Walking the Camino de Santiago

An ancient religious pilgrimage route has become one of the most remarkable active journeys in the modern world. This is the Camino de Santiago, or The Way of St. James.

Santiago Pilgrimage

I was introduced to the the Camino de Santiago from a friend who hails from Santiago de Compostela, a city in northwestern Spain that serves as the capitol of Galicia and the endpoint of a famous long-distance trek. My friend mentioned the Camino casually, as though it was so well-known it didn't warrant an explanation. When I asked her what it was, she momentarily stared at me in disbelief and then launched into a passionate monologue describing the history and traditions of a medieval Christian pilgrimage route some 500 miles long ending at a shrine containing the remains of a first-century saint in the cathedral in Santiago de Compostela. I listened intently to the fascinating details. The legend, the bones, the pilgrims, the path... the whole thing totally intrigued me. But it wasn't until I set my own feet on the Camino that I began to understand the magnitude of what she was talking about.

Camino Santiago

To truly understand the significance of the Camino, you have to travel at least a part of it yourself. I did and what I discovered is that at the heart of this storied path of quaint villages, picturesque landscapes and historical relics lies a deep spiritual journey - one that began with Roman-era Christians but now includes people from many different walks of life. Most of the walk is relatively flat and not overly strenuous, so it's accessible to just about anyone with a desire to experience its magic.  Religious pilgrims, history buffs, backpackers and adventure seekers all share the same trail - with each other and with the pilgrims of the past.

Along the way you can find caves teeming with stalactites, lush farmland and thousand-year old stone bridges. Among the more famous landmarks,(a Castle of the Knights Templar), will impress anybody familiar with The Da Vinci Code and the Cathedral of Santiago de Compostela itself is a magnificent edifice dating back to the 2nd century and the last stop at the end of the journey.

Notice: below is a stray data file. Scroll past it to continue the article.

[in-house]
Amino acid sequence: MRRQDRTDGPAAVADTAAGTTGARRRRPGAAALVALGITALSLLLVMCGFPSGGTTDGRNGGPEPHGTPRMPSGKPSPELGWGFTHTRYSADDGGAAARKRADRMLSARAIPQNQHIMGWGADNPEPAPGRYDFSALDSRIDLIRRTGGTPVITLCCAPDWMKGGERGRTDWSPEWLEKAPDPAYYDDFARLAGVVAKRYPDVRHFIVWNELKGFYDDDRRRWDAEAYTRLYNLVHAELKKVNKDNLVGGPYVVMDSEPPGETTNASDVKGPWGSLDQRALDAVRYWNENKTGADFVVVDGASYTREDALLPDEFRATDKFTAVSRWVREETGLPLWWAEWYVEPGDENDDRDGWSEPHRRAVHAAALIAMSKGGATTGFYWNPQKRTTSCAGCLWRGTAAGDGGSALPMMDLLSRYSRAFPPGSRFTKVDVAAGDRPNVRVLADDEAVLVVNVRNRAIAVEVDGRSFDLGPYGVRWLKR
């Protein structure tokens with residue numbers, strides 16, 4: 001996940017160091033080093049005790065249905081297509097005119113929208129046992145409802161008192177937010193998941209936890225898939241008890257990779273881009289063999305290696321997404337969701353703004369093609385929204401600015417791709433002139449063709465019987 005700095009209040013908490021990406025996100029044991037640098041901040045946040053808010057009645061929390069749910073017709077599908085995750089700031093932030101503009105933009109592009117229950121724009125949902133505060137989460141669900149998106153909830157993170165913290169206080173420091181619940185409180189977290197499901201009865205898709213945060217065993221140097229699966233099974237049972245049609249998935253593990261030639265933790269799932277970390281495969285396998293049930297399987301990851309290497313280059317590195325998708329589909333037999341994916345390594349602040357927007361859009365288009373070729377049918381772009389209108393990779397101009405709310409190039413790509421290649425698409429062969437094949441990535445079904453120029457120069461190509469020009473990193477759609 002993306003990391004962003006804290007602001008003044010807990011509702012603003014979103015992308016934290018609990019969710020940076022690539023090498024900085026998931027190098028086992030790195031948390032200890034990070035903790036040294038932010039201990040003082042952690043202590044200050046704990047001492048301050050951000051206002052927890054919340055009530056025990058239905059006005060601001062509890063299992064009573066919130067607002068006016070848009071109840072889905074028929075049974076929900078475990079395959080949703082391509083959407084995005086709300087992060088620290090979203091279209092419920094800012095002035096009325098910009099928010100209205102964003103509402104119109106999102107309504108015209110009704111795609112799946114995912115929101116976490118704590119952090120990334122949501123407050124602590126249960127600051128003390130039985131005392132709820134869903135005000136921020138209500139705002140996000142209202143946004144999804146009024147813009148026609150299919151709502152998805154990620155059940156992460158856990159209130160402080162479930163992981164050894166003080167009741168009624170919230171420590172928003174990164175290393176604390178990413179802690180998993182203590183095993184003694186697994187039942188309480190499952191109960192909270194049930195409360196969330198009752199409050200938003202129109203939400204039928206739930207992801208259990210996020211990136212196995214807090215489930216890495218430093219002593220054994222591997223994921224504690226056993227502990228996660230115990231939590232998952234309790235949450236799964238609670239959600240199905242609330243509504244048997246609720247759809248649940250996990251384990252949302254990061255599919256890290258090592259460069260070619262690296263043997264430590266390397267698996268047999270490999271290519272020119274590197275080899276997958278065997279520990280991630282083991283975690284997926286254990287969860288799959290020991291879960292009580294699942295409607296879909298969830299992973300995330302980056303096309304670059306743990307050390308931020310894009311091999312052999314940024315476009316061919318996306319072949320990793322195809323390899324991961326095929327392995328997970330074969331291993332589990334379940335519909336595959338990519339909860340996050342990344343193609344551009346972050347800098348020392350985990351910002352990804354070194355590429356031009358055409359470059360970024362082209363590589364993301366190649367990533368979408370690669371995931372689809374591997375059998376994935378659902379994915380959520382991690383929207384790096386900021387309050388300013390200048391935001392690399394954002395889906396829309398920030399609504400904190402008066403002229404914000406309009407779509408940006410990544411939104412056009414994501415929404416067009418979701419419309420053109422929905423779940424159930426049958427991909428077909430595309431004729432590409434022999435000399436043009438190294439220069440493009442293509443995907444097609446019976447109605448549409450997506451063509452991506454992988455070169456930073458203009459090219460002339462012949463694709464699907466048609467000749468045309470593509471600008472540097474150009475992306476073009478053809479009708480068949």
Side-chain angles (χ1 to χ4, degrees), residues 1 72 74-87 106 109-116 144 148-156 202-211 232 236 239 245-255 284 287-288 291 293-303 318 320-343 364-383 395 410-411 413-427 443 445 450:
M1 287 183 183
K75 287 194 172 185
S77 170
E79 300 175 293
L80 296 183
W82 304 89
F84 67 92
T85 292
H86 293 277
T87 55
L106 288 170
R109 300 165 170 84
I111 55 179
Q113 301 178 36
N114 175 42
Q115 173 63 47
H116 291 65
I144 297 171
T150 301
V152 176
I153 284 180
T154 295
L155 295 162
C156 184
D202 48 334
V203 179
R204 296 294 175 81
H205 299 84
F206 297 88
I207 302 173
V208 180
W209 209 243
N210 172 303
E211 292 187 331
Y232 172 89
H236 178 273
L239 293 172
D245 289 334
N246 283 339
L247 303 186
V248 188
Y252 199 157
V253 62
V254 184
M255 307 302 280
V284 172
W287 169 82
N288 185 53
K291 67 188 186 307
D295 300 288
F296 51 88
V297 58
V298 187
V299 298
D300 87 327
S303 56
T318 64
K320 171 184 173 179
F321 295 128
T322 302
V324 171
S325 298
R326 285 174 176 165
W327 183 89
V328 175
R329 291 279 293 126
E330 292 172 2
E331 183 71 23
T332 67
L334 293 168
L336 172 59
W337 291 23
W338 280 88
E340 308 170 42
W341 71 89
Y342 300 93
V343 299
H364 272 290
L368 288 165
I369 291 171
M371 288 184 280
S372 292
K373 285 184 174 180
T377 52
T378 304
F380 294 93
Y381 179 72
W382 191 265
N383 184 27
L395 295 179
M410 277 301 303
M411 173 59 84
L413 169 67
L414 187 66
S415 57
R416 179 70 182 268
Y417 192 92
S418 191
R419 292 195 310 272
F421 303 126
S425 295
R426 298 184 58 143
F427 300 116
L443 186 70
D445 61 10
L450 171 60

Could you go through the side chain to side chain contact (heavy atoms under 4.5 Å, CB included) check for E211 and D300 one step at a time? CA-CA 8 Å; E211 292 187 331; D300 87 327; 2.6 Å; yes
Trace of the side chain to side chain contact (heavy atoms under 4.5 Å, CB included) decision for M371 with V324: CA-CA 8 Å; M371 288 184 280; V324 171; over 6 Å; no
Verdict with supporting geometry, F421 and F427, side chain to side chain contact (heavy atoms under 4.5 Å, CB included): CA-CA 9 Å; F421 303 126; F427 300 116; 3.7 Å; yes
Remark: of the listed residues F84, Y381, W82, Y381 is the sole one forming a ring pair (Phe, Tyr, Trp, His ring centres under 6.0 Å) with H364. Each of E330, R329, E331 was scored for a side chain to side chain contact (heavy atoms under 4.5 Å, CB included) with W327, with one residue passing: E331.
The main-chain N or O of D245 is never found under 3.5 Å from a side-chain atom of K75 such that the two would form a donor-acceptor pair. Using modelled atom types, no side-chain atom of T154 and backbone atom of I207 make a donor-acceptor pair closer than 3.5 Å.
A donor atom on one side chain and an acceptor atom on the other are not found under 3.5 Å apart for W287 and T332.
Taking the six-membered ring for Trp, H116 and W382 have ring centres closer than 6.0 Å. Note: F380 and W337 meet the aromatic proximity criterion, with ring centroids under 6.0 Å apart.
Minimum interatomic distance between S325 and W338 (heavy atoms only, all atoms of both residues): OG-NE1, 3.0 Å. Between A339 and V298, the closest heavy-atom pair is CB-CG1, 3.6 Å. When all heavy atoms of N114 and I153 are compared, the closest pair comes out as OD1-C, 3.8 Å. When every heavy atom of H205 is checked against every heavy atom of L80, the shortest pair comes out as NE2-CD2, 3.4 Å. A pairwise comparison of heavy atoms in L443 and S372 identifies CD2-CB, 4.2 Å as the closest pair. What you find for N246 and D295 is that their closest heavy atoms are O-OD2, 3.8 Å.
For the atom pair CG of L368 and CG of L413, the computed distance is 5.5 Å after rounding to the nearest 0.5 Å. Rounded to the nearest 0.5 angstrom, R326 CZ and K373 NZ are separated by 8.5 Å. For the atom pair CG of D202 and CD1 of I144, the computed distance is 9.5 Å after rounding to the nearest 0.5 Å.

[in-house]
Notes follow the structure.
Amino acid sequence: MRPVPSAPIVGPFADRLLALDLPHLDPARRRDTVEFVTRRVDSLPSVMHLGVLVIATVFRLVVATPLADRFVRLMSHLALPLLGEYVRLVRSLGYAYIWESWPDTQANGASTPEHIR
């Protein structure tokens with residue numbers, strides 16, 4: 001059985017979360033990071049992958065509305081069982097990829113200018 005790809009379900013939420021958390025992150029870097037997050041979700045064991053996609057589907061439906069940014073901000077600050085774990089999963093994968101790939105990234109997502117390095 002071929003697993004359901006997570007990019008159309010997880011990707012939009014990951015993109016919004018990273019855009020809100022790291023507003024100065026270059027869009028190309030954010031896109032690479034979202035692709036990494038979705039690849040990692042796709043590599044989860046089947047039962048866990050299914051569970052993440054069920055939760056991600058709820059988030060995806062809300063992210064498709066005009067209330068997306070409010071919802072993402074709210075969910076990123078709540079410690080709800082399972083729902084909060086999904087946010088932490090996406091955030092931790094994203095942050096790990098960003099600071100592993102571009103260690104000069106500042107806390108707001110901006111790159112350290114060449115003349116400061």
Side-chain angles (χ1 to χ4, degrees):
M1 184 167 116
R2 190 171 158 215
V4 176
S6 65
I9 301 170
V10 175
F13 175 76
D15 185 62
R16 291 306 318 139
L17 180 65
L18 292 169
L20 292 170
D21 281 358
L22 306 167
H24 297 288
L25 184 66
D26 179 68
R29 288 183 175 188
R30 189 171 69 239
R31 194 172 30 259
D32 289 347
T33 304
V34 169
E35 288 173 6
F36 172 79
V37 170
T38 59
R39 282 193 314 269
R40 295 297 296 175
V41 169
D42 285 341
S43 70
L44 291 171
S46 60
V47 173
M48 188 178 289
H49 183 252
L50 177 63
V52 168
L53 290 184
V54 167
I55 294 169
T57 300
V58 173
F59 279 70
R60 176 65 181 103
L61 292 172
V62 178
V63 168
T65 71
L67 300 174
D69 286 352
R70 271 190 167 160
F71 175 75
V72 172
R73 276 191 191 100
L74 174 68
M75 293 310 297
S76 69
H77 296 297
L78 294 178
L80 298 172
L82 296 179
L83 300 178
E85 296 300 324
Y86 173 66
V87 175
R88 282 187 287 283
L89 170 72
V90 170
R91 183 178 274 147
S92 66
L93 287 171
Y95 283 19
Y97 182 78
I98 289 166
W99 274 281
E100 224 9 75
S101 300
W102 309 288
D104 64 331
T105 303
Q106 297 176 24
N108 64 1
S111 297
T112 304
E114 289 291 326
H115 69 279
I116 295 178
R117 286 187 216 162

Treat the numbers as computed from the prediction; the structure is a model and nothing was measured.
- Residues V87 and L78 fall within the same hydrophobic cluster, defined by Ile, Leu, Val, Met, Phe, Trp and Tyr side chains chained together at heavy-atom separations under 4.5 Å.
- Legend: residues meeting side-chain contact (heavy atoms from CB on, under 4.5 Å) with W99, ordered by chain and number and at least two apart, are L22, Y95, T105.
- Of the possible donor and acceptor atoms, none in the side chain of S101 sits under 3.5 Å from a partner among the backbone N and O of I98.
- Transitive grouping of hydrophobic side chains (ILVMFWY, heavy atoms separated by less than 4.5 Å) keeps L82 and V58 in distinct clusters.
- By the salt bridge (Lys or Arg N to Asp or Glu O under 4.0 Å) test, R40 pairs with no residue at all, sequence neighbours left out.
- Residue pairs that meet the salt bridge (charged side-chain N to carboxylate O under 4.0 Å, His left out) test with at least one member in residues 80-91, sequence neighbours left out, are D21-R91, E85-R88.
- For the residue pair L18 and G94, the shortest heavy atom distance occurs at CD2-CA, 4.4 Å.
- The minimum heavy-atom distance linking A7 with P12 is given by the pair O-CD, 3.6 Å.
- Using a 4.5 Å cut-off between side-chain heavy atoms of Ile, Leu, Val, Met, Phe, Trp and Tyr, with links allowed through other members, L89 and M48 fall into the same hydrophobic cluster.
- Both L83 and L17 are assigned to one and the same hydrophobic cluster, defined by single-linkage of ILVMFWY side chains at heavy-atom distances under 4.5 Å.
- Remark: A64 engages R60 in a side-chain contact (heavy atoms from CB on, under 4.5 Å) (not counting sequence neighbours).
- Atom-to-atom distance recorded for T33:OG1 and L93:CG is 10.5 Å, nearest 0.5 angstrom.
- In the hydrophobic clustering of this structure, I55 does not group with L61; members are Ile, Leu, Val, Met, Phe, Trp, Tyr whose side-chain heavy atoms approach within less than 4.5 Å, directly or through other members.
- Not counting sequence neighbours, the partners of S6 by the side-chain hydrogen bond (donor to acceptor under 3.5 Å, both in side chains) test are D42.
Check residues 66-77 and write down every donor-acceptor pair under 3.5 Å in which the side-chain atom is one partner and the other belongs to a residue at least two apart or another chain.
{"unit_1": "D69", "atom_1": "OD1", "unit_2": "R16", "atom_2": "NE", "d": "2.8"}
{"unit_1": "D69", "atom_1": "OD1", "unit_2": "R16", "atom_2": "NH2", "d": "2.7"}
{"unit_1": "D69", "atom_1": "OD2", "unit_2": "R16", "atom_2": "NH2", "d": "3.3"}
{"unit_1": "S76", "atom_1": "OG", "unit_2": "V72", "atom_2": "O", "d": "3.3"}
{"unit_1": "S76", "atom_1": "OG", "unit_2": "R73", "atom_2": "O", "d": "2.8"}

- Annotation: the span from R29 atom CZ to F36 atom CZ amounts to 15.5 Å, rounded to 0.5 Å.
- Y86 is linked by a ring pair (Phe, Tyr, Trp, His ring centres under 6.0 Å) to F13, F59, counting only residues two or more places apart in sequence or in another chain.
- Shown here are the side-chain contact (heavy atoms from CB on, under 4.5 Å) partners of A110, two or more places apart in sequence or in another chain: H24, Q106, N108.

Camino Santiago Marker Sign

The Camino de Santiago has been a pilgrimage route for more than a millennium. The original pilgrimage dates back to the beginning of the 9th century, when the tomb of St. James - known as Santiago in Spanish - was discovered in Spain. Soon after unearthing the tomb, the Camino de Santiago - which means The Way of St. James in English - became defined by a network of existing Roman routes along the Iberian Peninsula; these were used by the faithful on their journey to pay homage at the saint's resting place. Over the ensuing years, flocks of people making the trek prompted the construction of hospitals, churches, monasteries, abbeys and even towns along the route. During the 14th century, however, the pilgrimage began to decay. Wars, natural disasters and the Black Plague nearly wiped out the Camino entirely.

Slowly, towards the end of the 19th century, the Camino de Santiago began to see a resurgence - but it was not until the last quarter of the 20th century that the authentic pilgrimage had been truly rediscovered. As the official website for the Camino states: "There is no doubt that the social, tourist, cultural or sport components have had a great importance in the Jacobean revitalization but we cannot forget that the route has gained its prestige thanks to its spiritual value." Today, there are many ways to take part in the Camino de Santiago and be a part of living history. You can start in Portugual and walk north toward Compostela de Santiago, begin in France and walk southwest or take one of several other routes that lead towards the final destination of St. James' tomb. Many people choose to walk alone or in groups with friends and relatives, but there are also those who prefer to join guided walks. A Taste of Camino de Santiago, a 6-day Walking & Hiking Tour with Backroads, is a great way to experience the essence of the pilgrimage without having to walk the full 500 miles - all while enjoying the comforts and authentic immersion that a Backroads trip provides. Whichever way you choose, find your path. I'm glad I found mine.

Camino Santiago

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